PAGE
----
Canadian Alliance for Regional Risk Factor Surveillance (CARRFS)

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Canadian Alliance for Regional Risk Factor Surveillance (CARRFS)
An Environmental Scan of Chronic Disease Risk Factor
Surveillance in Canada
A Collaborative project of the Canadian Alliance for Regional Risk
Factor Surveillance (CARRFS)
Dr. Dan Otchere
Environmental Scan
Implementation Working
Group - CARRFS
Acknowledgements

For the Report
Environmental Scan Implementation Working Group
 Public Health Agency of Canada


For support for my attendance at this conference


Region of Peel Health Department
For support to participate with CARRFS

Ontario Association of Public Health Dentistry
Scope of Today’s Presentation
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Brief history of CARRFS
Rationale for the scan
Development & Implementation
Results
Conclusion
Next steps
History of CARRFS
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2005 – a PHAC task group recommended locally/regionally
coordinated ongoing flexible public health data collection
systems
2007 Nov – Think Tank Forum (TTF) Planning
2008 Feb – TTF attended by 108 experts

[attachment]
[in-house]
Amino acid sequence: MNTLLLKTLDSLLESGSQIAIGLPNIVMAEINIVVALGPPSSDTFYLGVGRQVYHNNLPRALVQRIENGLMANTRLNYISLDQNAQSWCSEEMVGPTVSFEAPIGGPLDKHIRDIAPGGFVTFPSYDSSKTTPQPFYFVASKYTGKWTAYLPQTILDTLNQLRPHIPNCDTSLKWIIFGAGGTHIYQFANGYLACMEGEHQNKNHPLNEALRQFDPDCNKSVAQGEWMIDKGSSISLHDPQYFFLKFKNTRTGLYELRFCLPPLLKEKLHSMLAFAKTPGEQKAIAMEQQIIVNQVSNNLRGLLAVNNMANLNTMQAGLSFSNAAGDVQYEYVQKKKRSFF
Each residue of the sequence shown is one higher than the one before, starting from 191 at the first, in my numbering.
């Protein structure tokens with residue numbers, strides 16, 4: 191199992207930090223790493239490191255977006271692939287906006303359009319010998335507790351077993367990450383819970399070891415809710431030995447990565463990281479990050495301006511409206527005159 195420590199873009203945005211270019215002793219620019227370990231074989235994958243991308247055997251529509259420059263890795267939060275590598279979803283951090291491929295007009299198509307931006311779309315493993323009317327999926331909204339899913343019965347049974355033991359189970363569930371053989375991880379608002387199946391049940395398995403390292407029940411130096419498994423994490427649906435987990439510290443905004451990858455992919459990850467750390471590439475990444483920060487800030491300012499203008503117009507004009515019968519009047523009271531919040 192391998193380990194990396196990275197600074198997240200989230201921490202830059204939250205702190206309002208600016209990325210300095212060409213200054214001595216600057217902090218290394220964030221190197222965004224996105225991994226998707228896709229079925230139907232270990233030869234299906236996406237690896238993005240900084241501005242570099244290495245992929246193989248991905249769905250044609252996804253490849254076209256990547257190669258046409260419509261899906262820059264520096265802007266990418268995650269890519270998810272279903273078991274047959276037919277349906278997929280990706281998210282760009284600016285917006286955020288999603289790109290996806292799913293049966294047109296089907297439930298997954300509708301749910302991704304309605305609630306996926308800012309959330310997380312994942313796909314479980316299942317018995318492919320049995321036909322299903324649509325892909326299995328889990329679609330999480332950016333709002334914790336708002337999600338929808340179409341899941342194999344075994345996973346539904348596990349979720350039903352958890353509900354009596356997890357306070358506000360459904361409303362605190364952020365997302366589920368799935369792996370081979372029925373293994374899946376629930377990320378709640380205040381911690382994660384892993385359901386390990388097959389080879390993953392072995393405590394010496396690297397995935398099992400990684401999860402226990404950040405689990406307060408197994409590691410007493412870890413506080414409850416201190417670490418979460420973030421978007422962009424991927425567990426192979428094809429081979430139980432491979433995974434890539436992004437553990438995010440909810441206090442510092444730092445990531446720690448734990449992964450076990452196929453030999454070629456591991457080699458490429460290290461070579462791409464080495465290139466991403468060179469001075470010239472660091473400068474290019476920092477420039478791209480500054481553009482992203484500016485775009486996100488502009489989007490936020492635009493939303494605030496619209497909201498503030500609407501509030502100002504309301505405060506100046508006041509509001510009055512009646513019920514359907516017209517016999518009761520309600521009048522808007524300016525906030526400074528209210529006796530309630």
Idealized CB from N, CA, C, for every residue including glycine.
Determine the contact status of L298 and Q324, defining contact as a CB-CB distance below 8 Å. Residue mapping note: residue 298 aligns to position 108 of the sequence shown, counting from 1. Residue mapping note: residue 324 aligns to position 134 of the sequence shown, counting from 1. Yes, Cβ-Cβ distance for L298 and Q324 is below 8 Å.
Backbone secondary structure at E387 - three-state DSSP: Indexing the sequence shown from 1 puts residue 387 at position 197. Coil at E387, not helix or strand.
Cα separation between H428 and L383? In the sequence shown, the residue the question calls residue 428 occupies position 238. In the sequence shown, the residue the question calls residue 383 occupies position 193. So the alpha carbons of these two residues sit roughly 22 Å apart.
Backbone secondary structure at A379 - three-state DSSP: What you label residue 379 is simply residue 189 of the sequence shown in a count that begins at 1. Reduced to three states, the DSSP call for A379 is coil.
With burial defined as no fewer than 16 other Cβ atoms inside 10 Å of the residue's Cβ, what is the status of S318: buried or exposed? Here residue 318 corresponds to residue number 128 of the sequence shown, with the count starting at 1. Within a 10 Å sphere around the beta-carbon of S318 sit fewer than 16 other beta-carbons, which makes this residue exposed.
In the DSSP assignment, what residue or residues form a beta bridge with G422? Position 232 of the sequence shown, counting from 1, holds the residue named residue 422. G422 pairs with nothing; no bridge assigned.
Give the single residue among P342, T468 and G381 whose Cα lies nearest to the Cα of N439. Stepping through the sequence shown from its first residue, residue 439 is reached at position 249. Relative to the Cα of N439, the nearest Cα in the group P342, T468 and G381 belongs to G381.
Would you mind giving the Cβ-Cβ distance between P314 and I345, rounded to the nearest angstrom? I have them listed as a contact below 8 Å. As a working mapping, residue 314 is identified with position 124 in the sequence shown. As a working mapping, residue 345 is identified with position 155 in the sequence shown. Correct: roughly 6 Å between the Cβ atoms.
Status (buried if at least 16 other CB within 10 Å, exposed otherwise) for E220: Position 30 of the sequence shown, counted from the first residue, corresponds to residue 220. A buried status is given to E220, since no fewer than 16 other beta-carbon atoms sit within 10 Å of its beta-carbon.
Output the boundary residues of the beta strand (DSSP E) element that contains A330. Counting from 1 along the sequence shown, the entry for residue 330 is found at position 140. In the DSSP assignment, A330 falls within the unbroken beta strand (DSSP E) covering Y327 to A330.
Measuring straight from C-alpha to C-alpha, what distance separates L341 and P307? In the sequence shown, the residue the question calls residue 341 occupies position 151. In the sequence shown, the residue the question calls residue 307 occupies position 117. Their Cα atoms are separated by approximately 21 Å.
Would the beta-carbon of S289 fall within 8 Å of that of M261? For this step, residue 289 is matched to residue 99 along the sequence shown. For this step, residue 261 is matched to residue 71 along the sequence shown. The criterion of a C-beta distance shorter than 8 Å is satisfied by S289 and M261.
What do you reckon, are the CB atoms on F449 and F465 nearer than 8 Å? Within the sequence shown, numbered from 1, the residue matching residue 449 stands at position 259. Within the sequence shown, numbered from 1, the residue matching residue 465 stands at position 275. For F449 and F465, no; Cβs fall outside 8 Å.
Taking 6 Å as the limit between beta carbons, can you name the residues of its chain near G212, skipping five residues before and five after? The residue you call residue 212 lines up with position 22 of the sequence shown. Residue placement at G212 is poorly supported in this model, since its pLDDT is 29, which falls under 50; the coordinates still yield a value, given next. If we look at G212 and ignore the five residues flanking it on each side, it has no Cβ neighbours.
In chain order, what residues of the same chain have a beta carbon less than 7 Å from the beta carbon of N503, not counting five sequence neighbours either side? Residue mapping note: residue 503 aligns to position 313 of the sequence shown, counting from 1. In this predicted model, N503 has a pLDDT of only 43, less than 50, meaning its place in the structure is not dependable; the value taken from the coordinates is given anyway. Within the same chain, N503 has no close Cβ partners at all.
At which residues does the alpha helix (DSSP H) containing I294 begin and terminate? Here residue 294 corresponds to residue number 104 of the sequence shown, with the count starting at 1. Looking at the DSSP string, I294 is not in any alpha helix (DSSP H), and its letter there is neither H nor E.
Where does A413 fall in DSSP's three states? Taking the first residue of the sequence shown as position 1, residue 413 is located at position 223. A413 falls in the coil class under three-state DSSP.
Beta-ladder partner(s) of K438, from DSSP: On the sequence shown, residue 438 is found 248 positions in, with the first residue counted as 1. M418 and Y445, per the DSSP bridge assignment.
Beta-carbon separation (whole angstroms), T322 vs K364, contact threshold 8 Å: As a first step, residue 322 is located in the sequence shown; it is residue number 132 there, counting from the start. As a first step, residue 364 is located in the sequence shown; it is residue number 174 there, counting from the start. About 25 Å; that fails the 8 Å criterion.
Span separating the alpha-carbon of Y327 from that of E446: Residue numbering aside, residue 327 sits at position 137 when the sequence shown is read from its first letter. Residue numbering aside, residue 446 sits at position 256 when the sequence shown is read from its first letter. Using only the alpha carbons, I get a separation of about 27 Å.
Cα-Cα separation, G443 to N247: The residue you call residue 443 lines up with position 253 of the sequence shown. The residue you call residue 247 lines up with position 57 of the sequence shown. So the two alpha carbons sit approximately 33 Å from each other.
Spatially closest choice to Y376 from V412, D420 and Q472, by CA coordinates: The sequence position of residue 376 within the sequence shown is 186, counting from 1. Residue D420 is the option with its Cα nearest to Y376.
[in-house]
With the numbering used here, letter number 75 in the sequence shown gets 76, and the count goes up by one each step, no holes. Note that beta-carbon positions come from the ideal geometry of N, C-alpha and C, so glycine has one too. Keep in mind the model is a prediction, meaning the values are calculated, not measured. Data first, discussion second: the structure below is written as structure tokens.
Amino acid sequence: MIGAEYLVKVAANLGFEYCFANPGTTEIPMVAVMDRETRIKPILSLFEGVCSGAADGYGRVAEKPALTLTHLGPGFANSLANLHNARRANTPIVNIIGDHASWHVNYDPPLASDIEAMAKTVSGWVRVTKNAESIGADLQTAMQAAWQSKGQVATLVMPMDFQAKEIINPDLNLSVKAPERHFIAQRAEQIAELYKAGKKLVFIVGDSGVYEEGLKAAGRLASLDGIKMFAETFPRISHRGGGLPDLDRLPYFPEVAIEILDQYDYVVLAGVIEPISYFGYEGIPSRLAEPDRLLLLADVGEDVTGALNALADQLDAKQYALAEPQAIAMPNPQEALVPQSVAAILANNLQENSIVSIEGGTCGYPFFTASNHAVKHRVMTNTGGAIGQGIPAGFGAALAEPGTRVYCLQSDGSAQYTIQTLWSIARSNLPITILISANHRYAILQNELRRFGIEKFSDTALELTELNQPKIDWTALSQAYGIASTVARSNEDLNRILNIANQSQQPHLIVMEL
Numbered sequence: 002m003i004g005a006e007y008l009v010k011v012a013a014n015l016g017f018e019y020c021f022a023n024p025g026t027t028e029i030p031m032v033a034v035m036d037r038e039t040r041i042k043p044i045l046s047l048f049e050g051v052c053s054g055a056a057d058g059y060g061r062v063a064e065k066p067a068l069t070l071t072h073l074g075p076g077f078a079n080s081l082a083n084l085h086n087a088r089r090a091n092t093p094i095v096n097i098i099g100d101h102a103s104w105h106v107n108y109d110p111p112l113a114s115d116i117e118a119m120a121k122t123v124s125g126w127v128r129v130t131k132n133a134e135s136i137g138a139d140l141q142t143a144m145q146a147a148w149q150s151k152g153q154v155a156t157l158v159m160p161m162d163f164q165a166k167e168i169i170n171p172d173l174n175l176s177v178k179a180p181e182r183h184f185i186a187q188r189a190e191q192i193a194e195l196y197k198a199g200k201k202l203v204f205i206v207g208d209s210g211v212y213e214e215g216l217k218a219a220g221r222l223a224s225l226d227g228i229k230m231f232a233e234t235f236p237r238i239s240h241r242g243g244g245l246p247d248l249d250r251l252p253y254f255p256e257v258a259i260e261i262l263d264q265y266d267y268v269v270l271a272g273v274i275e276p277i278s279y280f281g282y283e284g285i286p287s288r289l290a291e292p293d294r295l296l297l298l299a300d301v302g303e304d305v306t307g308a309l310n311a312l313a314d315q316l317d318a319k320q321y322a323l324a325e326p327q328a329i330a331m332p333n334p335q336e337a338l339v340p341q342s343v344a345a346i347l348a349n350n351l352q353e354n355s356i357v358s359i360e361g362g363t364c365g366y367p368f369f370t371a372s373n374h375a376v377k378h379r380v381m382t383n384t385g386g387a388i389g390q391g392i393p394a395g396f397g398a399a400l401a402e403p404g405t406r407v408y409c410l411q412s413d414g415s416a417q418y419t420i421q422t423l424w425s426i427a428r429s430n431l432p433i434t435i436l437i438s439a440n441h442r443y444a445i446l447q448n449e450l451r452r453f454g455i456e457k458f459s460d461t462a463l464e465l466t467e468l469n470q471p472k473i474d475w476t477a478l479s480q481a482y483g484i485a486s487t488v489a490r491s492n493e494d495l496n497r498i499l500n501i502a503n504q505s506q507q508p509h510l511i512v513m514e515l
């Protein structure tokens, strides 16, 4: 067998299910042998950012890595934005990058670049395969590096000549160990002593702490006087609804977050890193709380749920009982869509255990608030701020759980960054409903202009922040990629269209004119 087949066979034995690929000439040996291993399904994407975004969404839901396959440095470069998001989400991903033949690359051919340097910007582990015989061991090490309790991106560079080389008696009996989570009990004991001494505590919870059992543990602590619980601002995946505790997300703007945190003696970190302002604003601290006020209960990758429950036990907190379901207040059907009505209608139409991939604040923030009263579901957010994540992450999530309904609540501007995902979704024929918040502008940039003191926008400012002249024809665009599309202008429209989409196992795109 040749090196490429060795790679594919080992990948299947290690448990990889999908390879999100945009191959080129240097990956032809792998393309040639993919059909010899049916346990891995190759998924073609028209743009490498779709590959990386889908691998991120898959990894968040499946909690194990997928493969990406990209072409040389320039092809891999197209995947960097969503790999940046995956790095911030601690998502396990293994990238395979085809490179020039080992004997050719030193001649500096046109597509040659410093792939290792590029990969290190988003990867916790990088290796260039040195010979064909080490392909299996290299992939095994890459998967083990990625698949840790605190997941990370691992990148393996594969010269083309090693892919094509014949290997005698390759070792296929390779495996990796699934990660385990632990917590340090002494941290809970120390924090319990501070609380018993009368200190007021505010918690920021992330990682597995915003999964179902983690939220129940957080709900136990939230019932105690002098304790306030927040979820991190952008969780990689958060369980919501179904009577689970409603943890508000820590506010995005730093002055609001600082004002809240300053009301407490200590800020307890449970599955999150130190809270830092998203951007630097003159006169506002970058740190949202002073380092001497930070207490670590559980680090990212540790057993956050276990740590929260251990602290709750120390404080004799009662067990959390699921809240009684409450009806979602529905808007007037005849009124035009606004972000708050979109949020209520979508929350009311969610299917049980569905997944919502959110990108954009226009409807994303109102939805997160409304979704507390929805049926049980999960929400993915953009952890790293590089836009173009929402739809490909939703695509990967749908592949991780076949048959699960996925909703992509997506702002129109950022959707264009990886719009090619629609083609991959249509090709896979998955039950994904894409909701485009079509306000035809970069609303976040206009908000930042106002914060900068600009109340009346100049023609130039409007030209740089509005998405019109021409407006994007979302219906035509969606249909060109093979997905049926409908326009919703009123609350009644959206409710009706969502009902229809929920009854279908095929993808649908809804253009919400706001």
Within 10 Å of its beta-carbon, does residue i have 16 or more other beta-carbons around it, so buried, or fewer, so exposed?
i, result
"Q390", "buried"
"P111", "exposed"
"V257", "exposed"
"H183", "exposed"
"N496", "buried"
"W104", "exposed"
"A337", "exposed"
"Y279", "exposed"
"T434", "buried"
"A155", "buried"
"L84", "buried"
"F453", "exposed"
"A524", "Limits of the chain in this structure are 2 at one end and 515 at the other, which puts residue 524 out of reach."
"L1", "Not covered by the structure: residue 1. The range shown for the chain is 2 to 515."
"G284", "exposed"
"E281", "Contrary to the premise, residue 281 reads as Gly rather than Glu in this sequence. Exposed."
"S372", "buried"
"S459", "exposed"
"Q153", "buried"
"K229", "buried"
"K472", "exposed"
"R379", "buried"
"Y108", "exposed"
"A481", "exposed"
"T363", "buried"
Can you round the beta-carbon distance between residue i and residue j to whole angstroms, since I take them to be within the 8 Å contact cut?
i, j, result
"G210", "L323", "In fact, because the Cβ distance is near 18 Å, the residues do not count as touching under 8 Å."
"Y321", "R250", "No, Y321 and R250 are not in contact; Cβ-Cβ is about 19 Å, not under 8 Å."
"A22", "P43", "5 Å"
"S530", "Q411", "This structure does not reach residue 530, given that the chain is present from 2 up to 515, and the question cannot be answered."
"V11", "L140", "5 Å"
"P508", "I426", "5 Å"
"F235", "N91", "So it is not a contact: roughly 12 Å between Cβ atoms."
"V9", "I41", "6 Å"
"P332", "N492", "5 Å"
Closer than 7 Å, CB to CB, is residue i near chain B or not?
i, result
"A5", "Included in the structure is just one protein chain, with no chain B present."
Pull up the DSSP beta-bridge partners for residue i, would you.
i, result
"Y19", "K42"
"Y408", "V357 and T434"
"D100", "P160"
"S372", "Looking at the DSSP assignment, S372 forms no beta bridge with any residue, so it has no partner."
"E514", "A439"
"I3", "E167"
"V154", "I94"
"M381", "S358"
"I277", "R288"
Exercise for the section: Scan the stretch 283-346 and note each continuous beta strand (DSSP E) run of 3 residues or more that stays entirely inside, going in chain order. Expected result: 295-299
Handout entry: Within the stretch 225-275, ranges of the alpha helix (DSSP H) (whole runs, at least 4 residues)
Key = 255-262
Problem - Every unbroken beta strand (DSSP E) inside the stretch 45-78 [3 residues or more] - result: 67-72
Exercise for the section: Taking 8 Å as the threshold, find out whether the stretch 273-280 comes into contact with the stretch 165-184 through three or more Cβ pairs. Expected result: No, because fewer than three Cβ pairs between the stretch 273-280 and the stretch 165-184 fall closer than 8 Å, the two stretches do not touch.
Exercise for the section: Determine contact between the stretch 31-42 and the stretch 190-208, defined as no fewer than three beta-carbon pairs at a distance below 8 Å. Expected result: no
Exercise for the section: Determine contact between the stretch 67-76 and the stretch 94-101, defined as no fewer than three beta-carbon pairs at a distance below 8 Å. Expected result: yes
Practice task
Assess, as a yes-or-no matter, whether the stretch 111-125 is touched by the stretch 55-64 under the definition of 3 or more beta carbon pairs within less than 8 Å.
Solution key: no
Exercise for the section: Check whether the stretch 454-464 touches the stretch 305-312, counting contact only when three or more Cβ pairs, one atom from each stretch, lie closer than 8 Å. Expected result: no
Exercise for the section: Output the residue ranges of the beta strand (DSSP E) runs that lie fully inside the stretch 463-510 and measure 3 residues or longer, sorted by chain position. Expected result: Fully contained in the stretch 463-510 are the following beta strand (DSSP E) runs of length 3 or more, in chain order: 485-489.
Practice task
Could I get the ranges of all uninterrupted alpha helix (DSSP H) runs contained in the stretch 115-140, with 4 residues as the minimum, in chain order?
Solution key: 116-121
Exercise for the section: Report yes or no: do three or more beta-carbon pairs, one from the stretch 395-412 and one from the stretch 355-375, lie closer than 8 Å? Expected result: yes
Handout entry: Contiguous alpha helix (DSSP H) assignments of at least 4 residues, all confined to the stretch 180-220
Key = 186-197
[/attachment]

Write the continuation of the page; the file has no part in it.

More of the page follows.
2008 Feb – National Working Group (n=30)
2008 Feb – Terms of Reference Working Group
2008 Sep – CARRFS created (n=180)
2008 Oct – Canadian Coordination Committee (CCC)
Strategic Planning (n=11)
History
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2009 – National CARRFS Symposium
2009 – Member needs assessment
2009 – Environmental Scan
2009 – International Scan
2010 – E-learning sessions (n=3)
2010 – Regional Workshops (n=2)
History
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2010 – Development of membership database,
listserve capacity, website development, and
domain name
2009-2010 – presentations/announcements at all
levels from local to international
As of May 2010 – members in all provinces and
territories (n=439)
CARRFS
Mission
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To build and
strengthen the
capacity for
regional/local risk
factor surveillance in
Canada
Vision
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There is sustainable
and effective
regional/local
collection, analysis,
interpretation and use
of risk factor data to
inform program and
policy decisions in
Canada
Rationale for Environmental Scan
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Potential gaps, differences in tools and
inconsistencies in local/regional risk factor
surveillance
Understand the extent of local/regional risk factor
surveillance in Canada
To provide information for CARRFS strategic
planning
Need for an inventory of risk factor surveillance